Health Law

Probe of Michael Jackson's Death Zeros In On Prescription Drug Issues

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An ongoing investigation into the death of Michael Jackson may be focusing on his use of drugs prescribed under pseudonyms.

Although it is illegal under state and federal law for a patient to be given drugs under a fictitious name, sources say the famous pop singer was prescribed medications under the name “Omar Arnold” shortly before his death in Los Angeles late last month, reports the Los Angeles Times.

In addition to flouting the law, prescribing drugs in this manner “makes it difficult to track behavior of patients who might be doctor-shopping or who may be receiving large doses of controlled substances that might cause some concern,” says Dr. H. Westley Clark. He serves as the director of the federal Center for Substance Abuse Treatment and is also licensed as a lawyer, the newspaper reports.

Dr. David Sack, who operates a California rehab center that often treats celebrities, tells the Times that seeking a prescription under a pseudonym is a red flag for substance abuse. If patient privacy is a legitimate concern, a referral to a discreet pharmacy should resolve it, he says.

At least five doctors wrote prescriptions for Jackson, according to the Times, and it is not known which, if any, of these five physicians may have done so under a pseudonym for the entertainer.

Meanwhile, the Drug Enforcement Administration said this week that it may seek to limit access to propofol (aka Diprivan), a powerful anesthetic found in Jackson’s rented home after his death, reports the New York Daily News.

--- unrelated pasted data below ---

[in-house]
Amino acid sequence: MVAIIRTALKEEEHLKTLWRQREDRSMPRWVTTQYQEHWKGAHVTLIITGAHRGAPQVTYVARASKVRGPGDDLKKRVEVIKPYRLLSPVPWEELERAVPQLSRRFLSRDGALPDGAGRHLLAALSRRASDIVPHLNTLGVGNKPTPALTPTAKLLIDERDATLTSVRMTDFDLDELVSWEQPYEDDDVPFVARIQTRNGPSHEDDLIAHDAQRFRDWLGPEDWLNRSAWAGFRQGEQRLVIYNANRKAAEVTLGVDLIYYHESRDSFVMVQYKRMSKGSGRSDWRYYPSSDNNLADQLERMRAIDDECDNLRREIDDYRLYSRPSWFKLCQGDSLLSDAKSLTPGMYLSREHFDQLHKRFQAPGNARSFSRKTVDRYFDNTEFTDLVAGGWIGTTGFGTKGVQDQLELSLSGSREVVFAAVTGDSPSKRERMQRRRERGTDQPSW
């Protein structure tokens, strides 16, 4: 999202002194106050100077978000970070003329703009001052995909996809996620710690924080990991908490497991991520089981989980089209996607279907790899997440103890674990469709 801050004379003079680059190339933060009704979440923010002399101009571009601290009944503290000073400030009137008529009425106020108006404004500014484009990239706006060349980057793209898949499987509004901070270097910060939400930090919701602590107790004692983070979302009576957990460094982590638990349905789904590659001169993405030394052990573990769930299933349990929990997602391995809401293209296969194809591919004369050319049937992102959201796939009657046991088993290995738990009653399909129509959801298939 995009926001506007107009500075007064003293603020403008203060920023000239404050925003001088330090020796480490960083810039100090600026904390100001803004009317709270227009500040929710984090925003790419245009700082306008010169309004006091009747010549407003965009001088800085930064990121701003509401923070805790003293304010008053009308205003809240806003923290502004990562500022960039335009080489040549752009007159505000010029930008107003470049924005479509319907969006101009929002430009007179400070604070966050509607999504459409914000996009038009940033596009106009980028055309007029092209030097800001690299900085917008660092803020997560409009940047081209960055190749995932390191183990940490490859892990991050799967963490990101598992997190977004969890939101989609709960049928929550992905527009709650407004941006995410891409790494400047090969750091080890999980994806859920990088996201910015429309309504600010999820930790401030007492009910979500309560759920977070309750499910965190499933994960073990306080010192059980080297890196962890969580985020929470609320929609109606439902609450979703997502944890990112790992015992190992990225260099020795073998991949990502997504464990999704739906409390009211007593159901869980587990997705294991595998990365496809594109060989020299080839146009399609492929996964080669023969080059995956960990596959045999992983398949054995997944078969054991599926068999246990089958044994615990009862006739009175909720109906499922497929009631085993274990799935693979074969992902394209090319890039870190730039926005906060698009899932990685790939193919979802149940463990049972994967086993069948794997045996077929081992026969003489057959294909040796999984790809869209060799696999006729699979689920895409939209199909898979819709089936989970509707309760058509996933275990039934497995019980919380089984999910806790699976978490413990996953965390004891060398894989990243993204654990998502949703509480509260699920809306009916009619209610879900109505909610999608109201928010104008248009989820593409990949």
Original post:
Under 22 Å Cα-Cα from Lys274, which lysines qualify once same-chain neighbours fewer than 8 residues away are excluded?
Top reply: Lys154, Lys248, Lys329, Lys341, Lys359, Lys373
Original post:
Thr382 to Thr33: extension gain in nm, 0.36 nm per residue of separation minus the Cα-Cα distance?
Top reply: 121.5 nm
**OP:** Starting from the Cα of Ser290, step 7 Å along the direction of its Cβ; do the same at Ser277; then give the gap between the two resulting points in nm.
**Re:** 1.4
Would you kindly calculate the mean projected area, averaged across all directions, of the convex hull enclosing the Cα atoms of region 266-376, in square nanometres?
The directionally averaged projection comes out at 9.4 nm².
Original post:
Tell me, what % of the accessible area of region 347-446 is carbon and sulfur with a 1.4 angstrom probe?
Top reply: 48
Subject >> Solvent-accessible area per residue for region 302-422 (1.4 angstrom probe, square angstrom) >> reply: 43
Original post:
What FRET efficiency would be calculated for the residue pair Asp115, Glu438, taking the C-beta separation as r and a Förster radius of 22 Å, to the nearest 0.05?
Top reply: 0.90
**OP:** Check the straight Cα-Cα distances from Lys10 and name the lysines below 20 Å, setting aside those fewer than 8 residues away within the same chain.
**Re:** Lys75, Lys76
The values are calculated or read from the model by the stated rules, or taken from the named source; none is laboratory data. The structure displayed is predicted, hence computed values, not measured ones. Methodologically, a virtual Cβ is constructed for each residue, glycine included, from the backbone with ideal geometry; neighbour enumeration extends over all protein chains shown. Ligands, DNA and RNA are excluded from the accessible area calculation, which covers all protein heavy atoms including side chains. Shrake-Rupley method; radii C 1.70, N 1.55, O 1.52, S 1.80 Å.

The fast-acting anesthetic is given intravenously to hospital patients undergoing surgery and is not considered appropriate for in-home use, according to an Associated Press article that details Jackson’s claimed use of propofol.

If Jackson did indeed use propofol, that will be the “smoking gun” in the death investigation, predicts Dr. Lawrence Kobilinsky in a subsequent Associated Press article. He is in charge of the forensic science department at John Jay College in New York.

“There is no reason it should have been available to him,” Kobilinsky says of the drug. “If it is a contributing factor to his death, then I think there would be criminal charges.”

Additional coverage: “Michael Jackson Physician Says He Did Nothing Wrong; Other Docs Interviewed”

Los Angeles Times: “Murder charges in Michael Jackson case are unlikely, source says”

TMZ: “Jackson Autopsy Report Delayed”

Updated on July 20 to include link to subsequent Los Angeles Times article.

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